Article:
Then. Photos: Brian J Pape


Now: Village Community School applied for an expansion of its property’s buildings to better accommodate current academic program, according to Connie Sopic, Director of Advancement at VCS.

By Brian J. Pape, AIA, LEED-AP

Then: Looking west along West 10th Street, the original Village Community School (VCS) at 272 West 10th Street, between Greenwich Street and Washington Street, and its previous expansion to the west, occupies the entire block front, including the playground space at the near corner. VCS is a private educational institution for 350 elementary school students and approximately 95-105 employees, founded in 1970 here in the West Village.

The Village was a very different place in 1970, as this writer can attest first-hand. Picture if you will the abandoned railroad viaduct directly across Washington Street, and the warehouses and seamen hotels along the derelict waterfront of the Hudson River, long past its prime as a maritime powerhouse. Crime was rampant, city services were inadequate, and the city was heading toward bankruptcy. Single story garages were hastily built where residential buildings had once filled the small lots adjacent to the PS107 schoolhouse on 10th Street, vacant from 1963 until June 1970.

Hardy residents who fought for their quality of life, often against a city bureaucracy that seemed intent on erasing the Village’s special character, saw an opportunity in the odd architecture of the original PS107. These parents had to get a variance for this building in order to open the school, because the current zoning laws limited the ‘street wall’ (height of wall facing the street), and the building covered more than the prescribed 85% area allowed.

By 2001, the area had improved, luxury apartments were built, and the Hudson River Park had dramatically opened up extensive recreation areas just a block west. With enrollment increased, again VCS was granted variances to make a building addition. It was constructed to the design of Leo J. Blackman Architects in 2000-03 on the site of a 1946 garage. Designed to blend with the adjacent 1885-86 polychrome school, as well as to meet the cornice line of the adjacent multiple dwellings on Washington Street, the Annex building received awards for contextual design from the Historic Districts Council and the Greenwich Village Society for Historic Preservation.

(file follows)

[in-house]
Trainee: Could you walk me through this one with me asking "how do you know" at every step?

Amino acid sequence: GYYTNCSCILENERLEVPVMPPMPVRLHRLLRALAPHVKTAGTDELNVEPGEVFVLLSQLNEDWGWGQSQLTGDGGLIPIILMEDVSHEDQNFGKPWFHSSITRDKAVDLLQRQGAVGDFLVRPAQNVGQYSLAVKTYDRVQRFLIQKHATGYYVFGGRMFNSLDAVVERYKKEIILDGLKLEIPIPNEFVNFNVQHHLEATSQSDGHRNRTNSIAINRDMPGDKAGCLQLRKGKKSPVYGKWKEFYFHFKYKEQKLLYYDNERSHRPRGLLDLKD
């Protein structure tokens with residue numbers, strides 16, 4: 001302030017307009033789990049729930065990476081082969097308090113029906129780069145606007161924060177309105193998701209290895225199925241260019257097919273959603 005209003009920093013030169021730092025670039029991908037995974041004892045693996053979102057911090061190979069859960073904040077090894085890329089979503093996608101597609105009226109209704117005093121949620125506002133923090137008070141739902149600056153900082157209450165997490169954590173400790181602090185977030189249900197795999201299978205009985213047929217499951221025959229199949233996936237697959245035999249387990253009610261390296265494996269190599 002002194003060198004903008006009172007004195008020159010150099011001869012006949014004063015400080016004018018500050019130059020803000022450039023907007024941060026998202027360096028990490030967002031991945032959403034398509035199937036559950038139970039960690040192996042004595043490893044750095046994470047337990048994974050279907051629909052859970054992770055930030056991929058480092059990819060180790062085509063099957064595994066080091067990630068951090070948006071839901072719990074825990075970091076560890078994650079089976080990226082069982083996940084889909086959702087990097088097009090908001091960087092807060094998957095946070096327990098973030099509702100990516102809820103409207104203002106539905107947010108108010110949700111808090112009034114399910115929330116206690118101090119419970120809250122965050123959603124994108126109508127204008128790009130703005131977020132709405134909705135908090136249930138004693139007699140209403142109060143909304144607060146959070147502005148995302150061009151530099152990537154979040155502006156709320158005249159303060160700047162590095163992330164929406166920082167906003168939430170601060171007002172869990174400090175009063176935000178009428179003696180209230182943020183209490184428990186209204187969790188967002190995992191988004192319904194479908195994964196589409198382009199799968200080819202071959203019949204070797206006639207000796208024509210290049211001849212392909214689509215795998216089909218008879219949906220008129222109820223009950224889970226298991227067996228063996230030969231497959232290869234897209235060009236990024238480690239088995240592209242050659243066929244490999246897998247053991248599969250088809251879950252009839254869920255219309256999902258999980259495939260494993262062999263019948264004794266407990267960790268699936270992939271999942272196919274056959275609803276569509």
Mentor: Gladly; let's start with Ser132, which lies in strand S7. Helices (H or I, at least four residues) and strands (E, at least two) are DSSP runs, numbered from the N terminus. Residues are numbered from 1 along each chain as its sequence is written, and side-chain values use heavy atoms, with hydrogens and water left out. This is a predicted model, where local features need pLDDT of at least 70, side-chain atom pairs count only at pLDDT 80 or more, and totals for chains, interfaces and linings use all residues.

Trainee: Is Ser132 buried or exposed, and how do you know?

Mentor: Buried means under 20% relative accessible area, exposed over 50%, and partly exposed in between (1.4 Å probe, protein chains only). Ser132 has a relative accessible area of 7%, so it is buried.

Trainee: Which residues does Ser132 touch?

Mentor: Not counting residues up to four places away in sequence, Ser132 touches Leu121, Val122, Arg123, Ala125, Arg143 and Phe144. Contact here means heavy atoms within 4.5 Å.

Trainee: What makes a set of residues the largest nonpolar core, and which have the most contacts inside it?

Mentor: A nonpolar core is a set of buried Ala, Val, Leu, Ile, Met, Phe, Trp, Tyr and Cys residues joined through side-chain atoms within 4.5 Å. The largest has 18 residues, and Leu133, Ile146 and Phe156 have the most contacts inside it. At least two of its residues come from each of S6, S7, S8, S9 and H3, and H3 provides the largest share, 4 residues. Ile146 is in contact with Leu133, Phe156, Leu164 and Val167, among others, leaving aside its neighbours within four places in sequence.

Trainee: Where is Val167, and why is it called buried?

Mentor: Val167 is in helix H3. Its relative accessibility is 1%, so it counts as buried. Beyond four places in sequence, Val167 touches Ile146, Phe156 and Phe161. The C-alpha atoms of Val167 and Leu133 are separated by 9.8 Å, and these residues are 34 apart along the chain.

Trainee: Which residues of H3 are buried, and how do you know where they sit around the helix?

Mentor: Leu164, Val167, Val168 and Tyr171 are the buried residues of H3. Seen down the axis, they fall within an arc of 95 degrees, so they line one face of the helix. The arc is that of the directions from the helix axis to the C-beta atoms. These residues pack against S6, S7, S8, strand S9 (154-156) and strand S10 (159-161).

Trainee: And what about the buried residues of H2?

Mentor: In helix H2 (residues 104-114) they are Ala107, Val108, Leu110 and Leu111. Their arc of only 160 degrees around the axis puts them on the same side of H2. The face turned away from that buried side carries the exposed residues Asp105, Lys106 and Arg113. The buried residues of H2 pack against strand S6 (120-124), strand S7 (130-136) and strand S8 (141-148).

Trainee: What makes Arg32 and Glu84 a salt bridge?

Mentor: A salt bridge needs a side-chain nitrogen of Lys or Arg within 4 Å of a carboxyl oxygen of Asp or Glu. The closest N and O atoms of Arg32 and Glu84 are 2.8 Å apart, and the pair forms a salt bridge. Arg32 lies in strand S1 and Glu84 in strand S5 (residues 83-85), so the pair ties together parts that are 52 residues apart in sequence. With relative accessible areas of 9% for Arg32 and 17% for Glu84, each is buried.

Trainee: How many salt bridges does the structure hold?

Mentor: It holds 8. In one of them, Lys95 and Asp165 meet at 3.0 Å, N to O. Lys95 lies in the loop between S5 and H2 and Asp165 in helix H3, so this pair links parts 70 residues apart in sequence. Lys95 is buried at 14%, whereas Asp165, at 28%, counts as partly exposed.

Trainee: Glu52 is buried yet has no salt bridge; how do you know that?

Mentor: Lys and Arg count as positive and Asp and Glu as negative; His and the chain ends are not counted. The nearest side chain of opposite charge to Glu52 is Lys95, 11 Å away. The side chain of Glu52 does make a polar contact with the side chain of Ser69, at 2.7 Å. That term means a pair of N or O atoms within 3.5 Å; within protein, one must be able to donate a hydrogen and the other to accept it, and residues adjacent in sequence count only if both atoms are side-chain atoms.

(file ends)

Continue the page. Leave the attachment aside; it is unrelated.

This school helped reinforce the case for an extension of the Village’s Historic District, designated in 2006. By picking up on design clues of the 1886 school, such as window composition, multiple masonry colors and types, and comparable volume massing, the thoroughly modern addition blended beautifully with the neighbors.

The neighboring white painted building on the left side is an apartment building with its lot-line windows overlooking the playground.

The total addition floor area of 66,500 square feet (3.67 FAR), occupies the entire corner site, and was designed by Jonathan Marvel, Lissa So, Caroline Frantz, Patrick Hamon, and Cat Travers of Marvel Designs. The rusticated ground floor includes a new ADA-compliant entry to a new lobby and staircase. The regulation-sized gymnasium is visible through the sidewalk level windows. On other floors are a sun-drenched Library at the heart of the school, and classroom spaces for state-of-the-art science labs and makers’ studios specialized for young scientists, engineers and language students. A rooftop play yard, visible here through the top floor openings, replaces the lost surface playground. Above the first floor, the facades are wrapped in red brick that matches the older portions of the total school, and articulate floor lines and bays, breaking up the scale to relate to the neighboring buildings.

Although this private school is expensive for tuition, 22% of its families receive tuition assistance; and 39% of the school’s families are racially diverse.

In fall 2021, Jen Mitchell, Head of School, opened the Eve K. Kleger Wing, the three-story addition dedicated to the memory of the former Head of School.

Brian J. Pape is a LEED-AP “Green” architect consulting in private practice, serves on the Manhattan District 2 Community Board Landmarks Committee and Quality of Life Committee, is Co-chair of the American Institute of Architects NY Design for Aging Committee, is a member of AIANY Historic Buildings Committee, and is a journalist, especially on architecture subjects.

Tags :

Leave a Reply